If your side project stores personal data, congratulations. You now have compliance obligations. Choo choo 🚂 All aboard the fun train! A service that stores any kind of personal data (e.g: user accounts) is not a good choice for a side project. This one is a hard no from me.

It's not all doom and gloom

That is a list of things that can, to one degree or another, generate some maintenance overhead. So what are some types of projects that don't have any of those characteristics (or at least as few of them as possible)?

Command line applications (compiled language)

If your project is distributed as a compiled binary and it doesn't call any external APIs, there are very few externalities that can break this type of project or require attention from you as a maintainer. This is even more true for a statically linked binary. The only real exception to this might be needing to respond to a security issue.

Command line applications (dynamic language) or Libraries

This type of project has similar properties to a compiled command line tool. However, with anything that the user installs via pip install, npm install, etc, your dependencies are resolved at install time. This means your previously working code can be broken for some users by non-backwards compatible changes made in an in-range dependency version. In theory SemVer saves us here, but in most languages (other than javascript) it is necessary to support wide ranges. This type of breakage is not super common, but it does happen.

Static sites

Static content is good content. If you have the type of static site that can be served from a S3 bucket, there are multiple places that will host it for free and scale it to handle as much traffic as the internet can throw at it. If you do need to move it, it is relatively easy and you have zero infrastructure to maintain.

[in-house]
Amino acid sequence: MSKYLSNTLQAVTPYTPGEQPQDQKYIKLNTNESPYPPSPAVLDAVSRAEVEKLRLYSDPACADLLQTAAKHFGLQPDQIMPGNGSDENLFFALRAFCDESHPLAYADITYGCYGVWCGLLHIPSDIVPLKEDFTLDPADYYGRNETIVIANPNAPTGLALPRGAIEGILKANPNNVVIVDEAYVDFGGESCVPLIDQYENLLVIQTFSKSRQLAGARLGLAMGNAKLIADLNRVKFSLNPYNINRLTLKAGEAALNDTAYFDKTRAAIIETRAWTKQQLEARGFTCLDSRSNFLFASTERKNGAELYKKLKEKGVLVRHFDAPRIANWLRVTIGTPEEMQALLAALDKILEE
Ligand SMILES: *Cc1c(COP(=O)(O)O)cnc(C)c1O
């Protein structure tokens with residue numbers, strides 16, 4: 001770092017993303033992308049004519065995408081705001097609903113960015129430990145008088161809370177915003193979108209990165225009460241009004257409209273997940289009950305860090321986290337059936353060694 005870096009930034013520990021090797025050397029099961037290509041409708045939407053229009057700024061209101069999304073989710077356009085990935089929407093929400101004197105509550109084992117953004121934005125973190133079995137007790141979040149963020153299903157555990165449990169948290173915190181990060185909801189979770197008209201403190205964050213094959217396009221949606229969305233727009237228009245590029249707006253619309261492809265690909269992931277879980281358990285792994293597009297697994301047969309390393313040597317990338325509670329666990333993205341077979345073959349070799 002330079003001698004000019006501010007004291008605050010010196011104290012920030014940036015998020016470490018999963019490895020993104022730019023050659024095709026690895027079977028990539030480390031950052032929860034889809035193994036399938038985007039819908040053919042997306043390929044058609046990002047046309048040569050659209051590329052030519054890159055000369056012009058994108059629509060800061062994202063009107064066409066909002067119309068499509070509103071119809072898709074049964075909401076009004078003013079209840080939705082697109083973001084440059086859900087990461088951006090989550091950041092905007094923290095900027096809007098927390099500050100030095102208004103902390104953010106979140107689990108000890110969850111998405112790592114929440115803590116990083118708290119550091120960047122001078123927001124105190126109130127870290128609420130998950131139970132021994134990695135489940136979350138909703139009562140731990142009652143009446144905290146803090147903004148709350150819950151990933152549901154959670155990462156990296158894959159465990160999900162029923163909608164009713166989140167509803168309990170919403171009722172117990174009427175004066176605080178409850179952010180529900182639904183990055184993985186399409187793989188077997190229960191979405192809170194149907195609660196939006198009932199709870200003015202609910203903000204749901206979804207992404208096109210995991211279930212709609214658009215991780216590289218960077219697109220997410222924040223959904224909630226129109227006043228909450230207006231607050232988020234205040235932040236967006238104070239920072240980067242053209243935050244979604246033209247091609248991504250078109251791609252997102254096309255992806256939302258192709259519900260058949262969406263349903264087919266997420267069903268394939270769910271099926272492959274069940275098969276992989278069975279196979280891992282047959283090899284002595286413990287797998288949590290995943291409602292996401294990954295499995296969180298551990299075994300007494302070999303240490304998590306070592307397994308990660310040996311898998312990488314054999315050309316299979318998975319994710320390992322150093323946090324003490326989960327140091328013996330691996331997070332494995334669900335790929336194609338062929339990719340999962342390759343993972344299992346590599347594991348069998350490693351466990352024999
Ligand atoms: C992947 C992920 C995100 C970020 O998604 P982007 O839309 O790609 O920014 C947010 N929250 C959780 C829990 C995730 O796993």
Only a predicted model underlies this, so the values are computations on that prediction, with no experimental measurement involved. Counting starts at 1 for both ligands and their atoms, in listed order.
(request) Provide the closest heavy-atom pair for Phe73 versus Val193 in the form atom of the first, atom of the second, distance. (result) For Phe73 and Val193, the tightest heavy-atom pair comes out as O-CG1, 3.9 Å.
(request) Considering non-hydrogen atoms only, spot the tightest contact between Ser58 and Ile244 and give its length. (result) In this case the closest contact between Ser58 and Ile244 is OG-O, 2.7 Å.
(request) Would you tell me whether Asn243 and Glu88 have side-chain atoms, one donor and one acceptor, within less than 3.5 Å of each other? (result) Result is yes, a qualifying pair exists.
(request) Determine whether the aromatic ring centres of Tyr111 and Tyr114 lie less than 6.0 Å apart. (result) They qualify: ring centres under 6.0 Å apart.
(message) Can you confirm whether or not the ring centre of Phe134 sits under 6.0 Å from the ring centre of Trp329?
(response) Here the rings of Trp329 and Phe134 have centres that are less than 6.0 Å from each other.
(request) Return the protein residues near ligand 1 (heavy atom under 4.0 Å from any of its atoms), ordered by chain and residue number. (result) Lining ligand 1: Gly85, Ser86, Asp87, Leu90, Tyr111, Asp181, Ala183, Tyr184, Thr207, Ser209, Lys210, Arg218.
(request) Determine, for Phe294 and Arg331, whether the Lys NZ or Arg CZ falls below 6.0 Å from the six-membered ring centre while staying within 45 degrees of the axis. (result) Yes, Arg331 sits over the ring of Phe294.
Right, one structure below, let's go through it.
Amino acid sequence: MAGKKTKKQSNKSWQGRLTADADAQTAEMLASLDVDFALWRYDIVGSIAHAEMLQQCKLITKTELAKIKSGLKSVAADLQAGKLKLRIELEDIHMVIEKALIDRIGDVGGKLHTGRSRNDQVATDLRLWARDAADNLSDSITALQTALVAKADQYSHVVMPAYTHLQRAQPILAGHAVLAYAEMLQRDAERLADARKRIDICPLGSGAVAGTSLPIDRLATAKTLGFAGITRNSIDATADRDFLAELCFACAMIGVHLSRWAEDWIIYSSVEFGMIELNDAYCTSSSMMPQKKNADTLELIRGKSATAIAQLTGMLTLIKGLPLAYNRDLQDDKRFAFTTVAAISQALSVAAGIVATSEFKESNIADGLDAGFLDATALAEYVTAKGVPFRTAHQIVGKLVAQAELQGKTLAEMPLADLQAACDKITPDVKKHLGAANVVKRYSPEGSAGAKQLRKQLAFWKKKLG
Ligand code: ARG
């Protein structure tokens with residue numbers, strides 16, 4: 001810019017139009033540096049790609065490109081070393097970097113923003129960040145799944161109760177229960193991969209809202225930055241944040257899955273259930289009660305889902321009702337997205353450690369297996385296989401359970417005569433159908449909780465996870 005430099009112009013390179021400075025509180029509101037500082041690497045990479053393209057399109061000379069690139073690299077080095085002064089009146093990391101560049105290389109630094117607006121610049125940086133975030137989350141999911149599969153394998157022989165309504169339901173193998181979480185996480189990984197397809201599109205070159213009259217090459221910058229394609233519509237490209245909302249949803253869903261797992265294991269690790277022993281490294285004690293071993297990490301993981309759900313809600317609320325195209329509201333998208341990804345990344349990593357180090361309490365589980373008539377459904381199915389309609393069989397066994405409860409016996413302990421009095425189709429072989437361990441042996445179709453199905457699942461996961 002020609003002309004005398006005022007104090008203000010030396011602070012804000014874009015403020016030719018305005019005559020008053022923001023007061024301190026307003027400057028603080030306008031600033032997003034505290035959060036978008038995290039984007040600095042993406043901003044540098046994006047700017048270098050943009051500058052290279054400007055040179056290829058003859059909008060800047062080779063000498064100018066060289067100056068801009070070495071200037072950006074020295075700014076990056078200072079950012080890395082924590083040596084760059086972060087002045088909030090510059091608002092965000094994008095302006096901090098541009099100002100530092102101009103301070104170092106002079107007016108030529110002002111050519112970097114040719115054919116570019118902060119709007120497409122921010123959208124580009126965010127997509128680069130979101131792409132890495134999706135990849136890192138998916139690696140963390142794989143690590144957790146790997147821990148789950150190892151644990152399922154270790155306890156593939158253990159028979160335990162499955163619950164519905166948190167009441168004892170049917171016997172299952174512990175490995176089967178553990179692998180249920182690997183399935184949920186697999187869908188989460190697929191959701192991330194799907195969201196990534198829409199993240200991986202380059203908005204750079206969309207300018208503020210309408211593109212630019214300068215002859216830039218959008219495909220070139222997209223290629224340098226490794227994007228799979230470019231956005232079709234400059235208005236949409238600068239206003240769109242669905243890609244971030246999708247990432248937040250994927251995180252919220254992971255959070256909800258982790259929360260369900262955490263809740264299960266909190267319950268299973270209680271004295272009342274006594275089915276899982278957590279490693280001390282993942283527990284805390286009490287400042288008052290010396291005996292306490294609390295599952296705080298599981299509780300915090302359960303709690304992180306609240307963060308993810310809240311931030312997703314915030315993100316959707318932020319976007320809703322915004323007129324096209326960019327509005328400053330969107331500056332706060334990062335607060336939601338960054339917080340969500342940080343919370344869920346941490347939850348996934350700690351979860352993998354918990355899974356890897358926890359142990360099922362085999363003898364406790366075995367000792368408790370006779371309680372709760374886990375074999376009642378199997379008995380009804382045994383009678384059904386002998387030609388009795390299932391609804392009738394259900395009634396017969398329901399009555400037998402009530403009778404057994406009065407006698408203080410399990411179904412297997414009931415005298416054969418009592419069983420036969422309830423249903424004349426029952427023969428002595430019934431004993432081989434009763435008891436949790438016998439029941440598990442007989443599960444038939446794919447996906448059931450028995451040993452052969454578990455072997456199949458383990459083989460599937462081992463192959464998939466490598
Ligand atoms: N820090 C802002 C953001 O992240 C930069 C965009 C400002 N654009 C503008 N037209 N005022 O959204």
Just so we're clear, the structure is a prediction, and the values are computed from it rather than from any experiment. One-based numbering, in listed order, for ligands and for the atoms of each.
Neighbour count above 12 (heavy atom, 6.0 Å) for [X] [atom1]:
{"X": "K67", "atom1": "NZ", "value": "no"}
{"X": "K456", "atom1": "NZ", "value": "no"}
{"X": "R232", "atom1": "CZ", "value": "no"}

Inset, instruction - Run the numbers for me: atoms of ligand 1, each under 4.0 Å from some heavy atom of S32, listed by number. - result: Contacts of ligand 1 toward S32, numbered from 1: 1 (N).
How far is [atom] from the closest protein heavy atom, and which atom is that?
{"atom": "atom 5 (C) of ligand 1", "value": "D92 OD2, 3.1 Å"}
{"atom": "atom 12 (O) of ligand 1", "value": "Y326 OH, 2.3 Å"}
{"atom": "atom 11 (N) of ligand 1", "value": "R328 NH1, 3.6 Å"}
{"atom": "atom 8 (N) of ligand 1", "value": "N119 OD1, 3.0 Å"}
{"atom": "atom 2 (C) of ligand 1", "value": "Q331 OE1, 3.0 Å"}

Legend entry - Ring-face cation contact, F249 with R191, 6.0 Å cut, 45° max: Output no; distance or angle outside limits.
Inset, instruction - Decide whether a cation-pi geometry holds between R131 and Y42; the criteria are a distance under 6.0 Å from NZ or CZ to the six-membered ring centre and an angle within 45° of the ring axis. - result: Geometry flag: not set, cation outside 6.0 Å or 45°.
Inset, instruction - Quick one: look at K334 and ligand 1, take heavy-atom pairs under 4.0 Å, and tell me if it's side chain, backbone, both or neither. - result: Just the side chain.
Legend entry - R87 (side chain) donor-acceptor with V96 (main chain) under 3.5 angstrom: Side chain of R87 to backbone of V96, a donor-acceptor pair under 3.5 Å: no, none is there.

For a low-maintenance project side project that involves a website, "could this be a static site?" is generally a good question to ask. Sometimes by making a compromise or two, it is possible to get rid of a web server and DB and replace them with a static site. This is usually an advisable tradeoff. A good example of this might be choosing a SSG for your blog, instead of hosting a CMS. (Edit: A couple of months after I wrote this I came across this article simple lasts longer by Przemek, which gives a great concrete example of making some tradeoffs to allow a project to be delivered as a static site in preference to running a database).

It is worth noting that this is not true of the type of "static site" which is heavily tied to the specific features of a platform like Vercel or Netlify. These basically have the same tradeoffs as managed infrastructure with the additional downside of vendor lock-in.


So, that's some thoughts on the characteristics of a low-maintenance side project. Go forth. May your side project bring you many hours of joy and few unexpected urgent maintenance issues.